Senator Patty Murray is on a tear to recuit more women senators. God knows, the Senate needs more diversity. Out of 100 members, only 17 are women. It's why this matters that Murray is off-base.
Because we are multi-taskers: We have to pick up the kids and get dinner and, you know, help with the homework and get things done, and we don't mess around. And so we come into politics the same way: We have a task, it's hard, but we make decisions, and we get things done.
That kind of statement took Murray far when she was elected in the early 90s as a self-declared "mom in tennis shoes." But times have changed since then, and even more so since Murray was herself a young mom.
These days, men are multi-taskers too. They inevitably work, and they're expected to be hands-on parents as well. Yes, moms probably still do more juggling. But it's hard to find a modern-day dad who hasn't had to rush home for the kids, or spent many a night helping them with homework.
Even more problematic is Murray's contention that women understand the art of compromise. If there had been other women on the failed supercommittee to cut costs, she told McClatchy, the outcome "may have come out very differently."
SW's Rick Anderson has already pointed out the supercommittee members' penchant for blaming everybody but themselves. The idea that gender is to blame, though, is a new one. It's a notion resonant of decades-old, dewy-eyed slogans about how if women were in charge, the world would be at peace.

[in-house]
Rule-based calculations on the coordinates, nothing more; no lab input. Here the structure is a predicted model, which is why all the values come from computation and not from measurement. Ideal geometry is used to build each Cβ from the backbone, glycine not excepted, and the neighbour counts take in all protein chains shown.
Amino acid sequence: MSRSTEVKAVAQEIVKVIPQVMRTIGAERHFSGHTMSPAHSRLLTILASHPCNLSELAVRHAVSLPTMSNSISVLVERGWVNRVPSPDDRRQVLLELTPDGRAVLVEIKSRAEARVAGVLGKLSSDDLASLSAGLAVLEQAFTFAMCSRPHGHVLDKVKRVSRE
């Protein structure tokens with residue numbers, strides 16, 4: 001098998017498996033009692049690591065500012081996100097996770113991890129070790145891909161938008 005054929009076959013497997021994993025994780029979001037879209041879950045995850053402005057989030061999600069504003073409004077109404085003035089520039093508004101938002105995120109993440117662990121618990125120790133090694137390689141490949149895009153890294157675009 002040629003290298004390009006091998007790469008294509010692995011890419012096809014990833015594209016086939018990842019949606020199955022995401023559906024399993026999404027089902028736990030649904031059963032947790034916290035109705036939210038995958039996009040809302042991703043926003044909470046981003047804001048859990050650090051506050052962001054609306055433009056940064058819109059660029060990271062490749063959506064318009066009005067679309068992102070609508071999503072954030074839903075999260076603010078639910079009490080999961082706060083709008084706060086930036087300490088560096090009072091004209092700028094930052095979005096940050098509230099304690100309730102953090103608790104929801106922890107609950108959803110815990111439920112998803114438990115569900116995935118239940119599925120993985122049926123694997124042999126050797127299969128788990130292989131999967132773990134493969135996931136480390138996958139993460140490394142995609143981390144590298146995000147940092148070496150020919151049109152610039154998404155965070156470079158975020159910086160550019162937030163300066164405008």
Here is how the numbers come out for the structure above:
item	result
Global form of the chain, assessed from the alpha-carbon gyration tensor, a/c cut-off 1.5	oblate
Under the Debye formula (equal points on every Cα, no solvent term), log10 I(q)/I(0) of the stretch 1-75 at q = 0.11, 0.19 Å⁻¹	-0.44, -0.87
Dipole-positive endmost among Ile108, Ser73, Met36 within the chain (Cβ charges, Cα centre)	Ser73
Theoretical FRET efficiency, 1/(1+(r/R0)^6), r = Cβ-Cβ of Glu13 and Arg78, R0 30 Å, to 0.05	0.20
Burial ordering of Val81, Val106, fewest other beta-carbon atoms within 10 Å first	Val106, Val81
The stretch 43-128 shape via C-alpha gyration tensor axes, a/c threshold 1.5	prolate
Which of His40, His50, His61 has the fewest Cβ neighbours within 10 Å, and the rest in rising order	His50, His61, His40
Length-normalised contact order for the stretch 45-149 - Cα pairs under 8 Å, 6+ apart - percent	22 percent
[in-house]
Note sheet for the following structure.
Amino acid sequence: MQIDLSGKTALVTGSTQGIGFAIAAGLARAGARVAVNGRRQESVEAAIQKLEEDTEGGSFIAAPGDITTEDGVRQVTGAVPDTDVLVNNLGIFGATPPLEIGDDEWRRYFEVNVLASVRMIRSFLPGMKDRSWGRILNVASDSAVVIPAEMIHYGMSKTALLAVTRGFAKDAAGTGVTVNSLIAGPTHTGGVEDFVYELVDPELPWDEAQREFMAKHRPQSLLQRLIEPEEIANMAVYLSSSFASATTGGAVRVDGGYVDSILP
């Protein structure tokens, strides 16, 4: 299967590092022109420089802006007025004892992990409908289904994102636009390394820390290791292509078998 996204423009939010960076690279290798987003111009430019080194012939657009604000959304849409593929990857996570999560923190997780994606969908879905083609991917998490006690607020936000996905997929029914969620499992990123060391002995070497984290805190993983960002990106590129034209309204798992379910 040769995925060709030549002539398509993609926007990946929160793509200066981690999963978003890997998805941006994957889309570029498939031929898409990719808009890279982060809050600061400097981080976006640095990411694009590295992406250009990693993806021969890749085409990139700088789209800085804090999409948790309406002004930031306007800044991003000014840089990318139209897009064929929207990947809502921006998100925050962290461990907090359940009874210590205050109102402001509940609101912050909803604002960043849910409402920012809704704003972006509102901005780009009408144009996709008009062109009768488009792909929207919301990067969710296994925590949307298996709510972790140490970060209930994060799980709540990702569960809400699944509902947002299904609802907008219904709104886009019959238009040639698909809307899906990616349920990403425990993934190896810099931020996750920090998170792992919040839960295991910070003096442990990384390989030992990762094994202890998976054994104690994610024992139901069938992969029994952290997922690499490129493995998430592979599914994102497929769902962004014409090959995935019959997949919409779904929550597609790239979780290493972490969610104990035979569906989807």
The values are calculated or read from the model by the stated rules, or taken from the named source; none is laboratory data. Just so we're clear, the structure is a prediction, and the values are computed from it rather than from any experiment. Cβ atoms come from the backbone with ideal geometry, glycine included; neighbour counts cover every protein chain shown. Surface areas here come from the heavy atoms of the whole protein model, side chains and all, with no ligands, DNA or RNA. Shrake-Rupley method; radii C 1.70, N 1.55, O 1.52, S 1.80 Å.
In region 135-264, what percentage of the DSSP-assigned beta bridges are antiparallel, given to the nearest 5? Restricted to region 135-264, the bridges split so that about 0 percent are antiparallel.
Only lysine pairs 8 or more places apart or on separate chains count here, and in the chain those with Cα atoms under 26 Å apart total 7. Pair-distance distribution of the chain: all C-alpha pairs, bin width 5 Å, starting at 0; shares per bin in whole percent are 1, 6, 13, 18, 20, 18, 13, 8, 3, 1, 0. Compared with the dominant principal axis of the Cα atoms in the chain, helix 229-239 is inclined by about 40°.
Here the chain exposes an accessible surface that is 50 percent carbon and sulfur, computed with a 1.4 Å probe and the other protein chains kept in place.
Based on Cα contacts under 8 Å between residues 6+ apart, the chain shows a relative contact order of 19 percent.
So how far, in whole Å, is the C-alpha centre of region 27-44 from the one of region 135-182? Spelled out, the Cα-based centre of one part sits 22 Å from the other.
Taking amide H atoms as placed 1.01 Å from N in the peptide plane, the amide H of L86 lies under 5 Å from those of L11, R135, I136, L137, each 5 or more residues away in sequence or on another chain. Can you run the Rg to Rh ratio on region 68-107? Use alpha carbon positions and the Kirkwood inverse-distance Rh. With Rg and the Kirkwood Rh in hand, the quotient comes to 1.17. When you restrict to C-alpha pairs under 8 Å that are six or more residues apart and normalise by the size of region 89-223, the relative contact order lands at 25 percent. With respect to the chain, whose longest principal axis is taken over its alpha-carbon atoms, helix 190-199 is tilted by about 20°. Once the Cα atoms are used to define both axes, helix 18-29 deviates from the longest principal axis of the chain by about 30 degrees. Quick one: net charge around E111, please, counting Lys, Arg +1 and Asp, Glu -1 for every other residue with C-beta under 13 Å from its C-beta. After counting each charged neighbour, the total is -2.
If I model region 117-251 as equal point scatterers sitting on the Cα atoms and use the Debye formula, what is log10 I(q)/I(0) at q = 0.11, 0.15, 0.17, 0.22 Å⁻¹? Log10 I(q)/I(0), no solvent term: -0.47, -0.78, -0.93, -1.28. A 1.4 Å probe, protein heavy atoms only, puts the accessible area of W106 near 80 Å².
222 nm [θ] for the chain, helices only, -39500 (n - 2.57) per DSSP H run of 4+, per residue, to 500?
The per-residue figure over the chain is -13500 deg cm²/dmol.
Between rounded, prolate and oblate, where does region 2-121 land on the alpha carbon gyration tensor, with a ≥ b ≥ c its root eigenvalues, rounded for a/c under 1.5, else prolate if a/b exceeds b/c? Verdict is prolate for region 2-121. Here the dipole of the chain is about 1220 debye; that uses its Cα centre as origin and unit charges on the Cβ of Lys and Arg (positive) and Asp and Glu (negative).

One person should have put that idea to rest long ago: Margaret Thatcher. Compromise was not in the former British prime minister's vocabulary--not when it came to miners engaged in a bitter strike, nor jailed Irish IRA members on the verge of dying from a hunger strike, nor Argentinians who wanted to take over the Falkland Islands.
Think she's an anomaly? Okay, how about imagining Sarah Palin on Murray's supercommittee. Seeing any warm, sisterly compromise happening? Didn't think so.
It's not just naive to imagine that women politicians will solve intractable problems by virtue of their gender alone, it's an idea based on a stereotype. And stereotypes never do anyone any good.
So why do we need more women in the Senate? Simple equity, for one thing.
For another, different types of people bring different perspectives. For insight into how personal experience can affect one's viewpoint, check out Friday's New York Times story on Fox News anchor Megyn Kelly. The right-leaning anchor has railed against government "entitlement programs" but there's one thing the mother of two young children is all for: paid maternity leave.